I have to first say that I have a personal bias for Quicksilver Audio. I have known Mike Sanders for an obscene number of years and have sold more than my share of his electronics over the last 30 or so years. This is the first time in about 20 years that he has attended a show. He has been represented in dozens of shows, but never makes a public appearance, so this was a real coupe for Constantine, Dagogo’s publisher and CAS owner.

I always enjoy my chats with Mike. He was showing with Bernhagen-Porter Speakers powered by the Quicksilver 60W mono block amps ($2,995/pr.), Line Preamp ($995), with their Phono Stage Preamp ($1,595) and their Moving Coil Stage ($695) all sitting in front (or behind) a Funk and Firm Vector V Turntable ($4,895) with a Transfiguration Vector V cartridge ($6,000). On the digital side was a Heed Thesis Delta transport ($4,200) with a Heed Abacus DAC ($1,395). Everything played into a pair of Bernhagen-Porter model 10/12 speakers ($50,000/pr).

My Usher demo CD showed off the speaker’s excellent low-end performance. The system proved how truly excellent and affordable tube electronics can maximize the performance of extremely high-end speakers.

Quicksilver has some of the quietest noise floors of any tube design, with a lushful and musical sound. I could go on and on about the performance of the system. Suffice to say the sound was excellent across the board.



Unisinger USA is a local company, based in Cupertino, California, with manufacturing in China. On display were three models of their speakers. I had the opportunity to listen to their system including their Platinum speaker which consists of a down firing 10” woofer, 6” up firing midrange and a ¾” front firing tweeter mounted on a goose neck mechanism sitting above the midrange (28,000/pr.). They were driven by a JF Digital Server into their own Model U-150, 150W/ch power amp.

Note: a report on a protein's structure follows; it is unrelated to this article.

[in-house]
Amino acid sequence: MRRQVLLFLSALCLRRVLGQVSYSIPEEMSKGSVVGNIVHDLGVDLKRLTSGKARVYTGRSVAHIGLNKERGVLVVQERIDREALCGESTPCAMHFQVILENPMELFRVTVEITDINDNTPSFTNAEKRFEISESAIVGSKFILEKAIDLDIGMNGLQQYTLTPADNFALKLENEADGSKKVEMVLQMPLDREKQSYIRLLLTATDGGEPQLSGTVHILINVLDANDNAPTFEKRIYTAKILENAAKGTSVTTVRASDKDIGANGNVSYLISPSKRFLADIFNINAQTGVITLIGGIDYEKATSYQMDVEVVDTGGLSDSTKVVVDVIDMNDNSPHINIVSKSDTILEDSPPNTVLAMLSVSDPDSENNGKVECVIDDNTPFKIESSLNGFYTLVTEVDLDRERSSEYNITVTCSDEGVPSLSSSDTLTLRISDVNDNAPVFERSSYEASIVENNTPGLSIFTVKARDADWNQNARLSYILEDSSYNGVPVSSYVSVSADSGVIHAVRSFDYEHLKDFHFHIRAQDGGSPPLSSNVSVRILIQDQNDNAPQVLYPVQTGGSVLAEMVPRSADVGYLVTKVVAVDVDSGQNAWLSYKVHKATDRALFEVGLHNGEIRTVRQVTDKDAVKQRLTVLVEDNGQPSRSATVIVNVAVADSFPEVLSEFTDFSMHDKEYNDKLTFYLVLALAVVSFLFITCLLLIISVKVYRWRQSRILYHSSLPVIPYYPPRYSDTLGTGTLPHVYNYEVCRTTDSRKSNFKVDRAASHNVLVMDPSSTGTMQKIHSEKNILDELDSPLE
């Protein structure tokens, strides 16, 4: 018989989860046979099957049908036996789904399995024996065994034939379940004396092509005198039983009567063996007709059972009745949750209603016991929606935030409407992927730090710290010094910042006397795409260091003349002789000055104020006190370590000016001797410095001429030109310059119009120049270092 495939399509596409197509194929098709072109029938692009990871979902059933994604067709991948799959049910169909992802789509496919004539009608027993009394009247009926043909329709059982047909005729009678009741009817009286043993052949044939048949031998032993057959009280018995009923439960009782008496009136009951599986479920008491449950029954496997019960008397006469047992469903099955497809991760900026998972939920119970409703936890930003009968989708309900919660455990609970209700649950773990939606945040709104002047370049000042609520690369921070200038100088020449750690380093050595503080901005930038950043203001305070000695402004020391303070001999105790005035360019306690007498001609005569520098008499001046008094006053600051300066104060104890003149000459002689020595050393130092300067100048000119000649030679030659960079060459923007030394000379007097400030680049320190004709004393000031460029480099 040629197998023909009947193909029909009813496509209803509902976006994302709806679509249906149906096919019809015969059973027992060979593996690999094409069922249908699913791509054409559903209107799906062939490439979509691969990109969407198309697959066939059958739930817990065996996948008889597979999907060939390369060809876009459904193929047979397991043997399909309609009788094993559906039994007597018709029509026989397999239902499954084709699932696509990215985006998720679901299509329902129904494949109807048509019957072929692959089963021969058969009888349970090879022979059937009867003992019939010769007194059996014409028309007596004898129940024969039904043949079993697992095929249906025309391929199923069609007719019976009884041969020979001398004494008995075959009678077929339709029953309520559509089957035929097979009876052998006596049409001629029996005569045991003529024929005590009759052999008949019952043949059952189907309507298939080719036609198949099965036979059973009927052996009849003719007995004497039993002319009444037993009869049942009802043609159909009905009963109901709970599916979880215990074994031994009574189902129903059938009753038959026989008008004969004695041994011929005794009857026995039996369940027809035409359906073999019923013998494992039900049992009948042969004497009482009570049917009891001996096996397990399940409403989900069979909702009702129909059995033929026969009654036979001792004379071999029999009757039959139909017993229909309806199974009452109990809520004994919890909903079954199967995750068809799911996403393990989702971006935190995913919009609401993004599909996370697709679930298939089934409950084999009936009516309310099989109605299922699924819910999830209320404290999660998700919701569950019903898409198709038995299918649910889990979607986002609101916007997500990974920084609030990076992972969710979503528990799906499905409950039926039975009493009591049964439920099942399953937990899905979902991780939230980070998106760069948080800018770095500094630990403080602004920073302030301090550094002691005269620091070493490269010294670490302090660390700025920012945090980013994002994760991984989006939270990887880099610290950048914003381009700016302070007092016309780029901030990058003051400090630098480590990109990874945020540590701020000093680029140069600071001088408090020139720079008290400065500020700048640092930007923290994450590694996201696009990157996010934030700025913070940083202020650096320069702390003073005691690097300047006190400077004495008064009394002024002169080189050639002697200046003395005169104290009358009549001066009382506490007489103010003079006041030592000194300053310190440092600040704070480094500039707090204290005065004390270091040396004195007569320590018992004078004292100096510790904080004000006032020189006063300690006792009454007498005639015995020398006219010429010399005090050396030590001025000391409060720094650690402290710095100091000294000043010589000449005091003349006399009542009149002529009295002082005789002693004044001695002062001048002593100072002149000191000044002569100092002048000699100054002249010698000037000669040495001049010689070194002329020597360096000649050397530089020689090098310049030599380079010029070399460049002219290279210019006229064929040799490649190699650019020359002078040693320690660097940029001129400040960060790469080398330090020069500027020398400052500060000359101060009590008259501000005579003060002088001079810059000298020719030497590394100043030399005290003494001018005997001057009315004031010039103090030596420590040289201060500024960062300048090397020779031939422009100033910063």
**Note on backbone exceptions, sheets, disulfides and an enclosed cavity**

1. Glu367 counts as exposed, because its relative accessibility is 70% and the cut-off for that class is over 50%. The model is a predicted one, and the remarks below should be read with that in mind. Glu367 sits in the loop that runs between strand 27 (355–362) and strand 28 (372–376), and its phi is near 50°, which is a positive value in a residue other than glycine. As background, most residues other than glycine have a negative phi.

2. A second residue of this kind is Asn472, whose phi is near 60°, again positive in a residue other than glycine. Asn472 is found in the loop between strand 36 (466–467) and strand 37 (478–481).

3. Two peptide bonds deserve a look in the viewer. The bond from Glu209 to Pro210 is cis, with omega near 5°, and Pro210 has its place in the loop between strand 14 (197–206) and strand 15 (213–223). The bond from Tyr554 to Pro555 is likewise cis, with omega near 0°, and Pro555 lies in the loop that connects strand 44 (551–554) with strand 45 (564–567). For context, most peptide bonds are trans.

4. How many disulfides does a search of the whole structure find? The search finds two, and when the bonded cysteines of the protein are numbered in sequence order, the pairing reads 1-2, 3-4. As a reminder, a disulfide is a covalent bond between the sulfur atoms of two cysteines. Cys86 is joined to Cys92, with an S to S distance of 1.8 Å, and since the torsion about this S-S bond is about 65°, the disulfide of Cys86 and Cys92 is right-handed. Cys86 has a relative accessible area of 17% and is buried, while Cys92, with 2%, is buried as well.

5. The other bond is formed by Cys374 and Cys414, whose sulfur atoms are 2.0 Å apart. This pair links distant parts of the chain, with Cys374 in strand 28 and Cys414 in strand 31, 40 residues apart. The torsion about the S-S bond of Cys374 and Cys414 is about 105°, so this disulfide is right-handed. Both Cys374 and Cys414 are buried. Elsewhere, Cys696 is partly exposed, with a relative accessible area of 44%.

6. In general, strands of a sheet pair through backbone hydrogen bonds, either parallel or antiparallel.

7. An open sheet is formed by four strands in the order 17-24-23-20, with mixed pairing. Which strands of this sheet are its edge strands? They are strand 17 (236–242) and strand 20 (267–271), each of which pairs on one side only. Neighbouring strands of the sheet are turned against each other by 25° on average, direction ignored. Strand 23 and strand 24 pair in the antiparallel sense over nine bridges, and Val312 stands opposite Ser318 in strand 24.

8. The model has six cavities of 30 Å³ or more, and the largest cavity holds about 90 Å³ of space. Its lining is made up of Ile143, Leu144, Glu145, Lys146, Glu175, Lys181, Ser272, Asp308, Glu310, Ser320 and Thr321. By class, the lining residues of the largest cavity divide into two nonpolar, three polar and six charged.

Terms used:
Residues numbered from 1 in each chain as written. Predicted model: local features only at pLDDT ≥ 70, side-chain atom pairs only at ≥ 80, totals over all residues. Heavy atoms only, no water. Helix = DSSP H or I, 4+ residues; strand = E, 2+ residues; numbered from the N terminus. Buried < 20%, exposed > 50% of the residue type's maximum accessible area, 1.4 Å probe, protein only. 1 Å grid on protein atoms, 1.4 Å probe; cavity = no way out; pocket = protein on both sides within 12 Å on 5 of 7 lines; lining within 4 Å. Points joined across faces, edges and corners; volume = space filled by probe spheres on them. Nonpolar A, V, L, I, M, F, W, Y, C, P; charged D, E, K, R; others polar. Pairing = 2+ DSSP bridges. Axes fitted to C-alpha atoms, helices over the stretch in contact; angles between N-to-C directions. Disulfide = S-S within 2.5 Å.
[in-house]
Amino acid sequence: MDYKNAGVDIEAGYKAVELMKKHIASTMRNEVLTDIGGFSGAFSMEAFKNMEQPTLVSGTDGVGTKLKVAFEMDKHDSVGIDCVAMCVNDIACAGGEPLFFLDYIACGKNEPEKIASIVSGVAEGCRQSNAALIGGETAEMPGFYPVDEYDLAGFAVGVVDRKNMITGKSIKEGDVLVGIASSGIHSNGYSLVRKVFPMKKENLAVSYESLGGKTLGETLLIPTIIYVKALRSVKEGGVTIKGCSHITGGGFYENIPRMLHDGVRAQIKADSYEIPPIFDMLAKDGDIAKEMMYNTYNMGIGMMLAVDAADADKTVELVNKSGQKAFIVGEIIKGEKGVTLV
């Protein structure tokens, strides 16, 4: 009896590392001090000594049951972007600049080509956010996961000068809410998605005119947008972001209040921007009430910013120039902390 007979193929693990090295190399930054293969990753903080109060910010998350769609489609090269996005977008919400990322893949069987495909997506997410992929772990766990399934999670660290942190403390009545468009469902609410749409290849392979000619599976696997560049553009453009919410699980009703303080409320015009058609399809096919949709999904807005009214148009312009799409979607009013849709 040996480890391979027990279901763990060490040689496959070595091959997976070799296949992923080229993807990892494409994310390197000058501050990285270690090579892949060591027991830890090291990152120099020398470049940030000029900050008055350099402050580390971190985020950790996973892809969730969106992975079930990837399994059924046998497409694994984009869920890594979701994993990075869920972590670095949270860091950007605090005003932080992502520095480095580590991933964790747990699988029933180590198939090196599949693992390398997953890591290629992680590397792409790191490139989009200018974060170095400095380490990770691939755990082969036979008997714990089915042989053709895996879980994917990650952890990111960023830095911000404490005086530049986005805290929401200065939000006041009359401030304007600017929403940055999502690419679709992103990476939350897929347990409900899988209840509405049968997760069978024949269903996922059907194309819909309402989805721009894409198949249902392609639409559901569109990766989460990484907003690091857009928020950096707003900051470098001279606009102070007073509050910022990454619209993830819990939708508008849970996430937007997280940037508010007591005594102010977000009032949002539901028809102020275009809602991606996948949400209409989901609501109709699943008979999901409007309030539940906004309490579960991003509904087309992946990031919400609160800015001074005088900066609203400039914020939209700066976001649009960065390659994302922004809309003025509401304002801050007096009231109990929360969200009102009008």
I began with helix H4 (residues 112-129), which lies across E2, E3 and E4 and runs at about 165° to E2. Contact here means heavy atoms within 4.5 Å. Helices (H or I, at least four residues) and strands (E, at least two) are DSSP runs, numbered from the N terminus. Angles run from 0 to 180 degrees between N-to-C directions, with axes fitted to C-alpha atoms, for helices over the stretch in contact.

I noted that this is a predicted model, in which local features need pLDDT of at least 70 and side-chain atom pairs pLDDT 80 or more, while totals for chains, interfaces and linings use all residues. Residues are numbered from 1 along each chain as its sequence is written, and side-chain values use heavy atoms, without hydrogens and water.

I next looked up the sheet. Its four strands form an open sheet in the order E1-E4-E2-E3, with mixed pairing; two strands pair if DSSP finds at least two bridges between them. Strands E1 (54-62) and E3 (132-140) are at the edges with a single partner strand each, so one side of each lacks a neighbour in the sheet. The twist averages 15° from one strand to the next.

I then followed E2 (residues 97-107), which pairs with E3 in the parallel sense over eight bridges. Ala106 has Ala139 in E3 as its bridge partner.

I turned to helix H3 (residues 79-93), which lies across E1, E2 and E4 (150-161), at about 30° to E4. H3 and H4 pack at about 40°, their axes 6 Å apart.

The Unisinger speakers are one of the more unusual designs. They obviously spent an inordinate amount of time and money engineering these speakers. On first impression, the speakers appear to me more flash than function, but in spite of their unusual appearance they sound open and musical.


Eigen audio

Eigen Audio is a Bay Area audio specialist dealer based in Soquel, California, outside Santa Cruz. They represent all the lines they were showing at the show. Electronics were the Ypsilon PST-100 MKII preamp ($37,000), Ypsilon Aelius II Monoblock amplifiers ($39,000), and EMM Labs DAC2X v2 DAC ($15,000). The speakers come from one of the country’s renown speaker designers, Albert Von Schweikert. His E3 MKII. They use two 175mm anodized aluminum coned woofers, 165mm Kevlar coned high performance midrange and a Dual Ring Radiator tweeter. Like the MartinLogan room, the source was an Aurender N10 Streamer.

Bass was very tight, clean and extended. Mids were smooth, well defined, with a deep sound stage. The ring radiator is one of the best dome tweeters on the market with an excellent reputation of being open and detailed. It is used in some of the finest speakers on the market including Von Schweikert.

The clock is approaching cocktail time, and I decided to call it a night. I look forward to what tomorrow has to offer.

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One Response to 2018 CAS Report by Marc Silver, Part 2

  1. A good part of what you’re hearing in the Joseph Audio room can be attributed to the Bel Canto Black EX integrated. It’s an outstanding piece that does indeed drive the bottom end really well. Nothing has brought out the bottom end on a pair of ATC SCM40 quite like this integrated.